Sensation

Projects on this research theme focus on how neural activity in the auditory processing centers of the brain give rise to the perception of sound. In human subjects, we tackle this question by studying electric field fluctuations on the surface of the head. In animal models, we leverage recent advances in two-photon calcium imaging, multi-channel electrophysiology and optogenetic methods to measure and manipulate genetically defined cell types in behaving mice. Our work in mice and humans is primarily focused on how normal auditory processing goes off the rails following hearing loss to create debilitating perceptual disorders.

Paradoxically, two of the most common and debilitating sequelae of adult hearing loss arise not from what is inaudible, but rather from the irrepressible perception of sounds that do not exist (tinnitus) or the perception that moderately intense sounds are intolerably loud or painful (hyperacusis). Tinnitus and hyperacusis are most often triggered by damage to cochlear hair cells or nerve endings in the inner ear. However, inner ear pathology is neither necessary nor sufficient to cause the perception of tinnitus or hyperacusis. Much like phantom limb pain in the somatosensory system, tinnitus and hyperacusis directly arise from a brain plasticity process that has run amok. When afferent signaling from the peripheral nervous system declines due to damage or aging, the balance of excitation and inhibition tips toward hyperexcitability throughout the central auditory system. Our work has shown that hypersensitizing central auditory neurons increases the “gain” on diminished peripheral inputs and restores activity levels and perceptual thresholds to homeostatic set points. When turned up too high, central gain disrupts normal spike patterning in auditory centers of the brain, distorting neural representations of complex communication sounds, such as speech in noise, and induces the constant, disruptive and often aversive perception of faint or non-existent sounds.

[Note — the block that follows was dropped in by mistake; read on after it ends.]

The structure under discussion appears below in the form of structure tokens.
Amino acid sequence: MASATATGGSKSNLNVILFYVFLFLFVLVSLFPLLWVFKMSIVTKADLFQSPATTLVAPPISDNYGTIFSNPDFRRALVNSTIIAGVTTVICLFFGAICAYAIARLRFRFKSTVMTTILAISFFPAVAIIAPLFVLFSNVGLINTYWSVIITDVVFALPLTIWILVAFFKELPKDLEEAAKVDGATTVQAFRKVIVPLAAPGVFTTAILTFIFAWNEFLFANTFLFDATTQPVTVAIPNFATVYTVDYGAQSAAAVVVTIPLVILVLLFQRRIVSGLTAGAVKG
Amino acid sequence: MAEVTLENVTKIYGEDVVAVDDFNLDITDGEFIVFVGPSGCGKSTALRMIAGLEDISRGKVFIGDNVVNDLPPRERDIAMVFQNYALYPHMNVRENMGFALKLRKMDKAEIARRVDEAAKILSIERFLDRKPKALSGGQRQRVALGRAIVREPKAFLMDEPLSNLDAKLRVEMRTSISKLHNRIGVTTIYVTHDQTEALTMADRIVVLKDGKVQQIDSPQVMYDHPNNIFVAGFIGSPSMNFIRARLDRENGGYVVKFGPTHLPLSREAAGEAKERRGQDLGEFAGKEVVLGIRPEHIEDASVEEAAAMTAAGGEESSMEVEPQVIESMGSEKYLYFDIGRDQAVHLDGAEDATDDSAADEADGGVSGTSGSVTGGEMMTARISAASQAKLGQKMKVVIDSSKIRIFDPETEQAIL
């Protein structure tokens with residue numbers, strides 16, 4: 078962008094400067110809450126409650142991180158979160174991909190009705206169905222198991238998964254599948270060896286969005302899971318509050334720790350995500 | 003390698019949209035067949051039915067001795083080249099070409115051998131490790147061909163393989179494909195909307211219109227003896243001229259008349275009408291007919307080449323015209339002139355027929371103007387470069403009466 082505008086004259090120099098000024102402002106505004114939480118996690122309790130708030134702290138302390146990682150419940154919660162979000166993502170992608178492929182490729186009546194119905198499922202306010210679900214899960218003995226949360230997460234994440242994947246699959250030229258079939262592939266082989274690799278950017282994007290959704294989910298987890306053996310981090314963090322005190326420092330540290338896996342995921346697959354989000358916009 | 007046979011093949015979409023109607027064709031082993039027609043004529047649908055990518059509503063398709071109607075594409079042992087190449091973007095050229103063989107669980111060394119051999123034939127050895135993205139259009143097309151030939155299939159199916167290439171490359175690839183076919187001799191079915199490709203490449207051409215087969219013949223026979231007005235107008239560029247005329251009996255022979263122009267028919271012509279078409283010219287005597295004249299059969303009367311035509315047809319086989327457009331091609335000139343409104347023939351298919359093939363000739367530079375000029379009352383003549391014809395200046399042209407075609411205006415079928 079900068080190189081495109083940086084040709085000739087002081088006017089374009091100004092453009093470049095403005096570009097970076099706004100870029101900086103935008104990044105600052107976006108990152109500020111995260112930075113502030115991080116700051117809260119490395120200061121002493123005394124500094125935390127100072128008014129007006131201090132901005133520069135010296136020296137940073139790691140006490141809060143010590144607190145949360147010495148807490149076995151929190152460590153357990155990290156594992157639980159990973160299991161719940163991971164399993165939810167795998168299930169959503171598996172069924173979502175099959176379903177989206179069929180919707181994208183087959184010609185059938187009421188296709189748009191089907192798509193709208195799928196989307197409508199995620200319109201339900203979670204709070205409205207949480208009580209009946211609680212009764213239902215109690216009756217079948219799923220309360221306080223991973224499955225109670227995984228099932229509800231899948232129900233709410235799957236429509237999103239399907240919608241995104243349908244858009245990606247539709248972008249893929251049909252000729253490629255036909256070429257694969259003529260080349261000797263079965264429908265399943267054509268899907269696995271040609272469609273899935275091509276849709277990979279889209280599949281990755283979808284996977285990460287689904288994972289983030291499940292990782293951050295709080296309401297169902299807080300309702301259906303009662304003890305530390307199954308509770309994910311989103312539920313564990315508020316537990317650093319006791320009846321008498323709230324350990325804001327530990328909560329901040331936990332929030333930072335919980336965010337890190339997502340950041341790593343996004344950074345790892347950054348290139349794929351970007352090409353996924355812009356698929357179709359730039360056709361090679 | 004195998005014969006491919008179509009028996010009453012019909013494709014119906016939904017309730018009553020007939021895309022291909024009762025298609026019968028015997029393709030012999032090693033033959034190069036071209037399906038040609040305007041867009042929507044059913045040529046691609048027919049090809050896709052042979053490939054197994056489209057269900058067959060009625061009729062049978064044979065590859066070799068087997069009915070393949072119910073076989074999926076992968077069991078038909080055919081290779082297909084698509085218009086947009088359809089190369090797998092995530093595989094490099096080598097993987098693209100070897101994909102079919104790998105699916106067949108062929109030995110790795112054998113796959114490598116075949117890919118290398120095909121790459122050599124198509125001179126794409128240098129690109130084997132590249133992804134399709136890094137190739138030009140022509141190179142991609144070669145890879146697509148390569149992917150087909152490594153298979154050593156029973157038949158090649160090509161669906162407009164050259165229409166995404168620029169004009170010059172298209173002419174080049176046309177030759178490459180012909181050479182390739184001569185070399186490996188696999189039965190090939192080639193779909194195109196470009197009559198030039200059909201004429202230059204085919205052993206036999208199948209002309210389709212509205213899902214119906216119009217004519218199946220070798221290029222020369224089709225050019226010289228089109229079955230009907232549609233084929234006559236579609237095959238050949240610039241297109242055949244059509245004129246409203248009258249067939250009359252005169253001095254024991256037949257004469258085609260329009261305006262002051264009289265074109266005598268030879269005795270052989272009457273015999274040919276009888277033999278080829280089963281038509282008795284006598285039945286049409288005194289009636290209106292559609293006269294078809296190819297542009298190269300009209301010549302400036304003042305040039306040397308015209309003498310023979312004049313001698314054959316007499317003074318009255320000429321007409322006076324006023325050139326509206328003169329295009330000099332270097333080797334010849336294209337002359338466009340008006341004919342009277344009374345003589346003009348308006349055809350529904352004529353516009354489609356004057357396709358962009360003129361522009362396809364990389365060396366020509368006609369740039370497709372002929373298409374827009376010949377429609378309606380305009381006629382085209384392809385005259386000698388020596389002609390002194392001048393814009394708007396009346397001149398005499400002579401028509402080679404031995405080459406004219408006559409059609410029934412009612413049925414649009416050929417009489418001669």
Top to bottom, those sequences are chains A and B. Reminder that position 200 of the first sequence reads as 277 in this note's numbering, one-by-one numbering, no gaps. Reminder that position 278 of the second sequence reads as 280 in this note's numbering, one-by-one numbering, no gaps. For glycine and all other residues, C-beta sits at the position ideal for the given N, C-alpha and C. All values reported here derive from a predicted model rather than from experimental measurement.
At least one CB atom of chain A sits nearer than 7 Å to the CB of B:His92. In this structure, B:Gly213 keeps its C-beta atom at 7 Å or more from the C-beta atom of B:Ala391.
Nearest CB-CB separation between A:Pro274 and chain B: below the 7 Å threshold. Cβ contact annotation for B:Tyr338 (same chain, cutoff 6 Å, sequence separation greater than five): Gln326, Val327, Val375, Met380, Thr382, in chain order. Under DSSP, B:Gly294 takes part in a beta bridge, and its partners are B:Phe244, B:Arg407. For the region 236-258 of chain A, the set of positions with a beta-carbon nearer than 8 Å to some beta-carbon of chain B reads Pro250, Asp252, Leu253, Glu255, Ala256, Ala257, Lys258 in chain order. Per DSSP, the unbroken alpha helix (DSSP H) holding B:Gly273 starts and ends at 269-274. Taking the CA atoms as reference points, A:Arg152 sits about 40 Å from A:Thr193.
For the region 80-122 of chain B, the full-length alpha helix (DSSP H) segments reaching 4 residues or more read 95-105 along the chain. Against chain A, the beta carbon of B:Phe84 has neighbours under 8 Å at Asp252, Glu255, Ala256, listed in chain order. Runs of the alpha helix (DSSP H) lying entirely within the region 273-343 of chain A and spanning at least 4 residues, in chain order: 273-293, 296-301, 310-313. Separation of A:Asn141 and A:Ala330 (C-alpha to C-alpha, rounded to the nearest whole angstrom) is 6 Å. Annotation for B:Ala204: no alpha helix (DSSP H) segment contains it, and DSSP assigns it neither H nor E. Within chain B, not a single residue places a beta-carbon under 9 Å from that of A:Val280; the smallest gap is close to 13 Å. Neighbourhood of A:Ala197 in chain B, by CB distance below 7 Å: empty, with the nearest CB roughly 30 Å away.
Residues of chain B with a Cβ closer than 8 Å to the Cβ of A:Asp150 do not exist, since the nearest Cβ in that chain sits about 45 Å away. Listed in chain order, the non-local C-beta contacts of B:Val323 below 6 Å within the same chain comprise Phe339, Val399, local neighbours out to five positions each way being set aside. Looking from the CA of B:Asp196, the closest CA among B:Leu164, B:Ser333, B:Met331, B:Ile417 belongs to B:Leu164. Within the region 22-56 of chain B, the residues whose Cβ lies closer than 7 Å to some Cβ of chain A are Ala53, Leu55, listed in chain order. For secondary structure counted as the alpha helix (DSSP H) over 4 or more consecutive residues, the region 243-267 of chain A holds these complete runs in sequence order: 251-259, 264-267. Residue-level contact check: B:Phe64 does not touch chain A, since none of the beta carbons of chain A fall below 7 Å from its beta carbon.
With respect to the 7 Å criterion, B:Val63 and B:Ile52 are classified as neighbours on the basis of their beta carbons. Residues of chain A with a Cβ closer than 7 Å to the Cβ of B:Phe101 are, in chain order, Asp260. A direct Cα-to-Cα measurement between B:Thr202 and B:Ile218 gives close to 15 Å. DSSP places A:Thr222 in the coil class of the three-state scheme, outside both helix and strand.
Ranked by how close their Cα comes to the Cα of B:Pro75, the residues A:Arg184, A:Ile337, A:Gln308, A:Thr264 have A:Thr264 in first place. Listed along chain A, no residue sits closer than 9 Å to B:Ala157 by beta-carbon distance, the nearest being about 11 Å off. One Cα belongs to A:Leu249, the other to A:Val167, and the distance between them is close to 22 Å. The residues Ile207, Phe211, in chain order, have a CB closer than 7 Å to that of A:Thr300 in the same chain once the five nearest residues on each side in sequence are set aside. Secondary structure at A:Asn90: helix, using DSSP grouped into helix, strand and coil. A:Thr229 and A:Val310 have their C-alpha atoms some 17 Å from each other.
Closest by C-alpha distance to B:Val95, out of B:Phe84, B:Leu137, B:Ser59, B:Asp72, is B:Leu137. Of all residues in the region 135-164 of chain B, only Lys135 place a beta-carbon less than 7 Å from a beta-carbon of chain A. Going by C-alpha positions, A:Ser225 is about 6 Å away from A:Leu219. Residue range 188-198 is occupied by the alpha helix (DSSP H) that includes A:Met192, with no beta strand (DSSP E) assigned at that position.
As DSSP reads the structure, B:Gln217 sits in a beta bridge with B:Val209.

Techniques used

  • Chronic 2-photon and widefield calcium imaging from genetically defined cortical cell types
  • Optogenetic approaches to activate, silence or "tag" genetically defined cell types
  • Extracellular single unit recordings from the inferior colliculus, medial geniculate body and auditory cortex of awake mice with multi-channel probes.
  • Estimates of auditory perceptual thresholds via mouse operant behavioral testing
  • Traditional markers of auditory function (auditory brainstem response, otoacoustic emission measurements, and startle reflex audiometry)
  • EEG, pupillometry and psychoacoustic measures of detection and discrimination thresholds

Lead researchers

Supported by

R01 DC009836, P50 DC015817, Lauer Tinnitus Research Center